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Could Ryan Mallett have made a difference for Miami?

This season is lost. I believe that. I've written that. The Dolphins record screams that.

And the primary reason this season is lost and Tony Sparano and his team have less than half a chance every game day is because they are starting a backup quarterback and acting like he's legit. He is not.

Look, Matt Moore is a nice guy. He is a guy you can bring into a game in an emergency and compete for a couple of quarters. But if you're asking your football team to go into games against Eli Manning, Tom Brady, Phillip Rivers, Michael Vick, Tony Romo, Carson Palmer and even Ryan Fitzpatrick with Moore as your comparable weapon, you are battling cruise missles with a popgun.

The last team to do that, the Carolina Panthers, finished its season with the worst record in the NFL. And that's the same track the Dolphins are traveling now with Moore.

Frankly, this is a team that tries hard but simply does not have enough talent at the most important position on the field to compete with just about anyone else. No one on the coaching staff will admit it. No one in the locker room will say it publicly.

But everyone knows this to be true.

Here's another truth: There are a handful of college teams with better quarterbacks right now than the Miami Dolphins.

That is not exaggeration. Think about that.

Moore is a 65.3 rating passer. He's thrown only one touchdown and four interceptions in his time at the helm of the Miami offense.

Nothing personal against him, but everyone except the Dolphins knew he was not good enough when he was signed. And he has so far proven that. (Nice job, personnel department!)

And that leads to the logical question: What might have happened for Miami this year if general manager Jeff Ireland had picked enigmatic Arkansas quarterback Ryan Mallett in the April draft?

I don't know. No idea, actually.

But the question is a fair one because I seriously doubt Mallett, the best arm in the draft including Cam Newton, would give the Dolphins the same hopeless feeling you get watching Moore.

Think about that.

Mallett came out in a draft where he was considered more or less the on-field equal of most any of the QBs that were taken ahead of him. He sank because of his off-field issues, none of which we really can put a finger on completely. On-field, the pundits said he was better than Andy Dalton, for example, and a better passer than Cam Newton -- and you know what they're doing these days.

Mallett was selected by New England in the third round with the 74th overall pick.

The Dolphins passed on him twice -- in the first round, and then again in the second round when they traded up to the 60th overall selection to take running back Daniel Thomas. Thomas is so far a nice player when he's healthy. But as durability is a factor one must weigh when judging a player, the fact he's missed three games raises questions about him.

No, Mallett hasn't played in New England so we have no idea what kind of pro he would be. But he'd be a work in progress. He'd be a player the Dolphins could hope to squeeze improvement out of. His pedigree and arm certainly suggests he'd be as good as Moore in the short-term and much better as he gains experience.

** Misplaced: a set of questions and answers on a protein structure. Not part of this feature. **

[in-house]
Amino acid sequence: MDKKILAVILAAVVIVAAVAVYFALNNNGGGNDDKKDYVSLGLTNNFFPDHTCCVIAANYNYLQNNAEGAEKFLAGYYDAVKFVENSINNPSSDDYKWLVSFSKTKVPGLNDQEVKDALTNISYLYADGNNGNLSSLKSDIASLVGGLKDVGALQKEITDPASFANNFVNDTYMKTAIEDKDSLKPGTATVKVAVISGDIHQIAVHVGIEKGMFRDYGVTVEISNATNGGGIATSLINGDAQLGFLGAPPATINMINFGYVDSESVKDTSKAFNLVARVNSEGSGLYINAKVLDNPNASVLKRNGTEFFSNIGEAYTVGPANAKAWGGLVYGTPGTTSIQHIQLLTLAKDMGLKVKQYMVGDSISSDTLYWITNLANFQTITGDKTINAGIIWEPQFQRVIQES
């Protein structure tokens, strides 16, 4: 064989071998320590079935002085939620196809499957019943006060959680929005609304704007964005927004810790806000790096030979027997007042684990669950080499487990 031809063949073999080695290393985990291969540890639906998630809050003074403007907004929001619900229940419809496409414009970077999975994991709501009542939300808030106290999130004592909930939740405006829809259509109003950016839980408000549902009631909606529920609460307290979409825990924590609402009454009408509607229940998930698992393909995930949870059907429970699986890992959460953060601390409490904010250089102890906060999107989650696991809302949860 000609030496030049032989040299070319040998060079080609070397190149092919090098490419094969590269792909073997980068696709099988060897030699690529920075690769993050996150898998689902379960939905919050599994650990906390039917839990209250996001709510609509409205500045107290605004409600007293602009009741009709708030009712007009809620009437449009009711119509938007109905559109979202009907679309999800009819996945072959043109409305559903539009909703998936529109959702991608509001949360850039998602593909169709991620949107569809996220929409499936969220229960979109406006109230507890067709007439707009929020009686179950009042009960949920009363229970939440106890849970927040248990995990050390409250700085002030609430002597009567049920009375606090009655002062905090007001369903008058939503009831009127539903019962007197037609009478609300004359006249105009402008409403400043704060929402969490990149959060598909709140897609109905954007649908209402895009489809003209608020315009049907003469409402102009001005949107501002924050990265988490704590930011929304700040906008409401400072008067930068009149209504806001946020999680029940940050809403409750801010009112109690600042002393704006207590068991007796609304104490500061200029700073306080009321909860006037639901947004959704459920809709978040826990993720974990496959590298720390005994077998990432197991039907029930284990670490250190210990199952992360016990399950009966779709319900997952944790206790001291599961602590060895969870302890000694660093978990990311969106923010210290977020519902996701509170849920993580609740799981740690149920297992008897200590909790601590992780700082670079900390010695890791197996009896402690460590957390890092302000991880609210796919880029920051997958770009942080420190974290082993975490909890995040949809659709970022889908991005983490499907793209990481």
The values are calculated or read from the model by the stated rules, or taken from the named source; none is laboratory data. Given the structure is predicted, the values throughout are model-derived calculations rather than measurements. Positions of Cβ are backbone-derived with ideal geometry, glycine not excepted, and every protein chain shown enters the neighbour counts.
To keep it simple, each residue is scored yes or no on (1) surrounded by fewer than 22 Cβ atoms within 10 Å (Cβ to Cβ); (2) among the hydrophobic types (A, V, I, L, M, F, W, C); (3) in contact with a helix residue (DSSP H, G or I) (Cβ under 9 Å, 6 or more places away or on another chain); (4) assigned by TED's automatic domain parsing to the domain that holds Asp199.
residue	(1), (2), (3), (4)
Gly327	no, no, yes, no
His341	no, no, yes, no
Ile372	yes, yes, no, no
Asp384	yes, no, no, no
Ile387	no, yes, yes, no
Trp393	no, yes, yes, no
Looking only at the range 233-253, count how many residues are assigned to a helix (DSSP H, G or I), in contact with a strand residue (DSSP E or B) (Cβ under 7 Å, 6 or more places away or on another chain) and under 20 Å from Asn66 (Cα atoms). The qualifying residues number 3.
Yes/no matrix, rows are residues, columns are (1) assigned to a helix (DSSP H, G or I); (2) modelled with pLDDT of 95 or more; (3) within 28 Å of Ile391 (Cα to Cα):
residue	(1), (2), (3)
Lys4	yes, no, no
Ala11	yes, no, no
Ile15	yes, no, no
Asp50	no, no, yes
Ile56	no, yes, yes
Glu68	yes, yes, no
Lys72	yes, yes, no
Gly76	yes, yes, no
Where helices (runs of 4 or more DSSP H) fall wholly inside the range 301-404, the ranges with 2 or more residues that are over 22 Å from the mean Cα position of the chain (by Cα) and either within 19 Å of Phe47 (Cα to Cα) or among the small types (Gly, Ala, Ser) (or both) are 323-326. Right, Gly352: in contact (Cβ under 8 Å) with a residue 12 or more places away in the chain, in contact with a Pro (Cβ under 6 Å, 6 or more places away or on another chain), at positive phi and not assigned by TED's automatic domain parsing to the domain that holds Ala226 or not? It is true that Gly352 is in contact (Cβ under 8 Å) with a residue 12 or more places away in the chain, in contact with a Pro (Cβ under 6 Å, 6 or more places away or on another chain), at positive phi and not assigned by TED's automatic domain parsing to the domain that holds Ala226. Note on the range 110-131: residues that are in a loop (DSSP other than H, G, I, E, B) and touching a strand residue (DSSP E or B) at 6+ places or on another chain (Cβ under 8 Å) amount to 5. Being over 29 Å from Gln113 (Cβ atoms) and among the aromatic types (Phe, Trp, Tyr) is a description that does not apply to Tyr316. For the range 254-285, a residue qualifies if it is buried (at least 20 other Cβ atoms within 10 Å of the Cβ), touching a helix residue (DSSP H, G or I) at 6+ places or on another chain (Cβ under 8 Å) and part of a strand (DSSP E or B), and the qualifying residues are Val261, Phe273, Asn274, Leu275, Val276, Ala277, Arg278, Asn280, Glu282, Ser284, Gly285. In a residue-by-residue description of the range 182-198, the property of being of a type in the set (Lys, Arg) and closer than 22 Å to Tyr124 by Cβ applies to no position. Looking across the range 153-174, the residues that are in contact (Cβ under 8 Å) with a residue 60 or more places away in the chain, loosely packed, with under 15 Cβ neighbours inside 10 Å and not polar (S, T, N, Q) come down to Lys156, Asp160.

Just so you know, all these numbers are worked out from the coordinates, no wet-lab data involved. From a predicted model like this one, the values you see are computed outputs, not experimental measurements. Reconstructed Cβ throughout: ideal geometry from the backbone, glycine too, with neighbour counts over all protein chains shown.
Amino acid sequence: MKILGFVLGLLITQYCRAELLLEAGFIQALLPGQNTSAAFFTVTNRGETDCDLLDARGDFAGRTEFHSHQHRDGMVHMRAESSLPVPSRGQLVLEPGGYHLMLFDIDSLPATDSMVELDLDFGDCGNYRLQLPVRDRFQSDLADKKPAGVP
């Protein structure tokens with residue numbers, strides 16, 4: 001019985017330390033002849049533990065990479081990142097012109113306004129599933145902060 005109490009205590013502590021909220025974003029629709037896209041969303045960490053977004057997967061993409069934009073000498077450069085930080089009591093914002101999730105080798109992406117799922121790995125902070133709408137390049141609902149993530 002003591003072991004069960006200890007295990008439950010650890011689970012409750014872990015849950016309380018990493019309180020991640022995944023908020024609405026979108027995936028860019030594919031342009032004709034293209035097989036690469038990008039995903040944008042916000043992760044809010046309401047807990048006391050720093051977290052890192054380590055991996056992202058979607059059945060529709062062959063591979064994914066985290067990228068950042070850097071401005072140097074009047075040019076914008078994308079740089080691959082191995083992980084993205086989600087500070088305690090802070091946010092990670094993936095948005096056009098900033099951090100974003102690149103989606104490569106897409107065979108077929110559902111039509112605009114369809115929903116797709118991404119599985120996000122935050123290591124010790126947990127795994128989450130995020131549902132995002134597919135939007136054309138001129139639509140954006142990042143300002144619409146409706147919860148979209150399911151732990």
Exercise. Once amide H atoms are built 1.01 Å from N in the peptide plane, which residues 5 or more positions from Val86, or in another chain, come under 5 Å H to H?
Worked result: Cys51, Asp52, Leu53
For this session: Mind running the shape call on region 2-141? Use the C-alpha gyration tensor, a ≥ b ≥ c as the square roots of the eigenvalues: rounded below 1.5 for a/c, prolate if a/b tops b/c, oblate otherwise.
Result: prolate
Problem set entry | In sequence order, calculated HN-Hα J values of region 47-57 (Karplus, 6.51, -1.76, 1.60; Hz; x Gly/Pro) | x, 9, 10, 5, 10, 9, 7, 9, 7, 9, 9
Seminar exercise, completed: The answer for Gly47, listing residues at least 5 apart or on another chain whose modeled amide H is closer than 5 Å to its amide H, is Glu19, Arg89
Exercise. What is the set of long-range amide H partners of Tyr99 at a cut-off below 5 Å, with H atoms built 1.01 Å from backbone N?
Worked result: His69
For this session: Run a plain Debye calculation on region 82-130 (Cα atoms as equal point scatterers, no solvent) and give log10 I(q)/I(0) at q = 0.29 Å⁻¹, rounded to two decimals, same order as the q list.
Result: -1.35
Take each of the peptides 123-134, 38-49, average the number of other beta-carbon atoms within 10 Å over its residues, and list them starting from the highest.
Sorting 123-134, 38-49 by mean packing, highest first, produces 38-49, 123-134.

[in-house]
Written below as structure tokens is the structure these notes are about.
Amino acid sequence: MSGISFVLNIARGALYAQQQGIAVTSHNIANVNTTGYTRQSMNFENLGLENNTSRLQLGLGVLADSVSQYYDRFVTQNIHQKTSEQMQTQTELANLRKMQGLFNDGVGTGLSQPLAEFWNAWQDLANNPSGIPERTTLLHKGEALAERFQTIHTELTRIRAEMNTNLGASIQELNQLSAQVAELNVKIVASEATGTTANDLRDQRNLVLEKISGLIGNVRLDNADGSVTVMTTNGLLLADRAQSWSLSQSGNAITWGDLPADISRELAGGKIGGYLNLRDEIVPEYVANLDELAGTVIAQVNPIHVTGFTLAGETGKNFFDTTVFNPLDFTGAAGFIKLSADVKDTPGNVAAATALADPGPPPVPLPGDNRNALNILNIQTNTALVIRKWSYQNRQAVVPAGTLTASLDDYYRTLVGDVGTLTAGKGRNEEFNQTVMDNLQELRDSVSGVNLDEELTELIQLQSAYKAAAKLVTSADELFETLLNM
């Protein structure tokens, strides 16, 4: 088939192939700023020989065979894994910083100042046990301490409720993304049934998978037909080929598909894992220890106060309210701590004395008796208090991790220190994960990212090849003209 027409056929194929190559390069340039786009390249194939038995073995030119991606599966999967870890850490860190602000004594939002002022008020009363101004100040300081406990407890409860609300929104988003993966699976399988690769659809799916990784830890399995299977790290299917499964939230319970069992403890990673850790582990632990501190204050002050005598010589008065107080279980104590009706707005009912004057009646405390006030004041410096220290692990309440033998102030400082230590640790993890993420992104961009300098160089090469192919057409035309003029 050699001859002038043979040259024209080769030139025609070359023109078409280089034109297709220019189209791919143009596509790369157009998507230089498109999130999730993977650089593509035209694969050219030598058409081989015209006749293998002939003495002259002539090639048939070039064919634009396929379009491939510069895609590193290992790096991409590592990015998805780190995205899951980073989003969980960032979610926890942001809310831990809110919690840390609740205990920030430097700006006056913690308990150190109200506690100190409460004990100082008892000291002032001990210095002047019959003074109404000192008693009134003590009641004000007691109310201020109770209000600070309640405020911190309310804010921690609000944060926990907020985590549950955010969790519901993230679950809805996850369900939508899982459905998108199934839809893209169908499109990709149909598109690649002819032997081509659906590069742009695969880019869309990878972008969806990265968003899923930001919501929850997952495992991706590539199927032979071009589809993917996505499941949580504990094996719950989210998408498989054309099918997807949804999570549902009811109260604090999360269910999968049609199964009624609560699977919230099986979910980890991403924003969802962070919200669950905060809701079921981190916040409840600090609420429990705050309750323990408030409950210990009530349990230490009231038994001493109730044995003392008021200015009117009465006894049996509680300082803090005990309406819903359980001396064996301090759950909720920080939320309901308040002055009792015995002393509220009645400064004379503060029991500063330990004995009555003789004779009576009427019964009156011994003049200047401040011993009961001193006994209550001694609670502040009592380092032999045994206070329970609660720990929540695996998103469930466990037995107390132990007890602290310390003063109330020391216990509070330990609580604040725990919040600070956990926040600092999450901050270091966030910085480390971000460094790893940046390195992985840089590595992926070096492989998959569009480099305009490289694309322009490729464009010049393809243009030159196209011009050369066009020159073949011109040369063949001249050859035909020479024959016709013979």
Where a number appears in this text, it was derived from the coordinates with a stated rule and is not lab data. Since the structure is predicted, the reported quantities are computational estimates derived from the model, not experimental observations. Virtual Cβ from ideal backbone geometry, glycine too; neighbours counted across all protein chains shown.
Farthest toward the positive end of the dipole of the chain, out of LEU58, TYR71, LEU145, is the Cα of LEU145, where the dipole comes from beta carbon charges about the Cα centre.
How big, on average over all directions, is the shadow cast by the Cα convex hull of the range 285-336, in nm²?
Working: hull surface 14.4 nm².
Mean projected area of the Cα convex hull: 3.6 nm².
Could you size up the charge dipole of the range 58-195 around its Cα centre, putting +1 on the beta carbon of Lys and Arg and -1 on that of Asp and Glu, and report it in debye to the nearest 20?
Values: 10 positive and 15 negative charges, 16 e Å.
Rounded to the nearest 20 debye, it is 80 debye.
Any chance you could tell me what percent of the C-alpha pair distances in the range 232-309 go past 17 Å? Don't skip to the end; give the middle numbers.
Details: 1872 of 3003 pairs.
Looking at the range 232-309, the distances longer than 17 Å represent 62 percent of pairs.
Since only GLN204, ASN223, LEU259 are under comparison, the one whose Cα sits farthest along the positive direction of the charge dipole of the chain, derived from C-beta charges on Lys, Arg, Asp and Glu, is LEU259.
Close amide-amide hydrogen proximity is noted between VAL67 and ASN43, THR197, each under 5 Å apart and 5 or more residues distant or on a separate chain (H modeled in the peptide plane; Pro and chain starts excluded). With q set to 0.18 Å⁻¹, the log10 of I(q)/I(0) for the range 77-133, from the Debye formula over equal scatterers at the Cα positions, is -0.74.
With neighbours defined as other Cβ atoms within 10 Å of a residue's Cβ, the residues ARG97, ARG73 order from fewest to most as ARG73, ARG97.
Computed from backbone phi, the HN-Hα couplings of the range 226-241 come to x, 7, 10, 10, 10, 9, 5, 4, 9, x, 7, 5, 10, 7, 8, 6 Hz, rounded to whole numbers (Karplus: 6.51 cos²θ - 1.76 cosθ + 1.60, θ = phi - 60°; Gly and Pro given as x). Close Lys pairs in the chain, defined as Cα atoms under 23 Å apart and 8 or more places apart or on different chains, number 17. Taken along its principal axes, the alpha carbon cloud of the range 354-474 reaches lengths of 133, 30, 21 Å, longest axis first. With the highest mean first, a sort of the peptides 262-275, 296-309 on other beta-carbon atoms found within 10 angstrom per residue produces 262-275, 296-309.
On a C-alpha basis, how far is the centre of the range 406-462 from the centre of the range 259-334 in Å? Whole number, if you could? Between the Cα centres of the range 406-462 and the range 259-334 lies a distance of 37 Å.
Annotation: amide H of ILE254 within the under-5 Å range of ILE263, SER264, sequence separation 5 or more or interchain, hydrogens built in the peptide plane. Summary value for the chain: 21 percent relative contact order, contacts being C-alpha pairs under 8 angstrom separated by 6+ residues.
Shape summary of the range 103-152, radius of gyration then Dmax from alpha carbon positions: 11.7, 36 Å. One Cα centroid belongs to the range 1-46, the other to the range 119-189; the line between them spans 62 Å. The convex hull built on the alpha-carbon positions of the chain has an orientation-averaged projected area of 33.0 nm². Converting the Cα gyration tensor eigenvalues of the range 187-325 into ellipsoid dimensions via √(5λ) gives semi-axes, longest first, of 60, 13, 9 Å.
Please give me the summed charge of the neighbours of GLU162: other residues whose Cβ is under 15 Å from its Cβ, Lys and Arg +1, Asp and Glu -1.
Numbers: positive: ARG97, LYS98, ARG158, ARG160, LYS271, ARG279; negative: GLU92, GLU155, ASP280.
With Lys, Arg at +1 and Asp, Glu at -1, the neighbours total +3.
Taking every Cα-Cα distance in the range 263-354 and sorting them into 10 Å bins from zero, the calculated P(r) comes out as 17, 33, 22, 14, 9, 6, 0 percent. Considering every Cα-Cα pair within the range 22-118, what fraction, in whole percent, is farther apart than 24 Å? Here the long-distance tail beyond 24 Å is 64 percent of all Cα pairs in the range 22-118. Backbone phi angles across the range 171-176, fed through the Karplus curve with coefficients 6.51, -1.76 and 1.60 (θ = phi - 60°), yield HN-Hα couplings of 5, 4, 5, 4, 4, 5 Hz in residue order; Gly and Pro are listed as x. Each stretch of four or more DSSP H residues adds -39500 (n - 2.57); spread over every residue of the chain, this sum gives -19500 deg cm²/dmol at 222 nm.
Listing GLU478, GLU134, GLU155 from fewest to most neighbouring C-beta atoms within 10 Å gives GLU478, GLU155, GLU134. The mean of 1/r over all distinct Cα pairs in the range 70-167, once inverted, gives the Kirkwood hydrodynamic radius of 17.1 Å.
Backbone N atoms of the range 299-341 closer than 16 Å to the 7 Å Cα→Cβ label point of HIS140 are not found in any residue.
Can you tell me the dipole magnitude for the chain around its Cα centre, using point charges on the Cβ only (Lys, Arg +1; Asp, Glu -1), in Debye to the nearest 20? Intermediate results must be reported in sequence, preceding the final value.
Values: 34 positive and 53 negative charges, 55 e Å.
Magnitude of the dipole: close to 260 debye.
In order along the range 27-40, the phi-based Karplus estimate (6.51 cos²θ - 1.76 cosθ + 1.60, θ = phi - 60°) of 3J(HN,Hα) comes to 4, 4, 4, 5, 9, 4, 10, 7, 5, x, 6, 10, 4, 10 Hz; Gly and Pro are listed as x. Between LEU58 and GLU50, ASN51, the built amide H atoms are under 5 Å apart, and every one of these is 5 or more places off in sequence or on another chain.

With Mallett on the team, the Dolphins might still be a poor team, I grant you that. They might even be winless. But we'd be busy measuring his progress rather than hoping he and his teammates continue a winless spiral that would lead to Andrew Luck.

The Dolphins, in fact, did not draft Mallett. General Manager Jeff Ireland basically stalked the kid -- watching him at every workout and practically every game he played -- and could not find a comfort level with him.

That's a decision GMs get paid to make. Ireland will have to live with that one one way or the other for a long time to come -- depending on how good Thomas becomes relative to Mallett.

At the time he was unable to add Mallett or any other QB in the draft, Ireland set his sights on free agency or a trade to get a QB. He tried vainly to trade for both Carson Palmer and Kyle Orton but ultimately landed no one who could compete for a starting job with Chad Henne.

That was a gamble. It was a gamble Henne would be improved so much he could be solid. It was also a gamble Henne could stay healthy. The Dolphins rolled snake eyes on the latter.

And so they are left with Moore as the starter even though everyone knows he is not starter quality. And they are left rummaging the discards list of unemployed QBs for backups.

Sad isn't it? Pathetic, actually that an NFL team has no answer at the most important position on the field three games into the season when the starter gets hurt.

Ryan Mallett may not have been the answer in the long term because we don't know what his development will be or would have been.

But if the Dolphins had picked him, at least the QB they put on the field every week might have given them more of a chance to win now. Instead, you sense this helpless feeling over this team.

Oh, what might have been.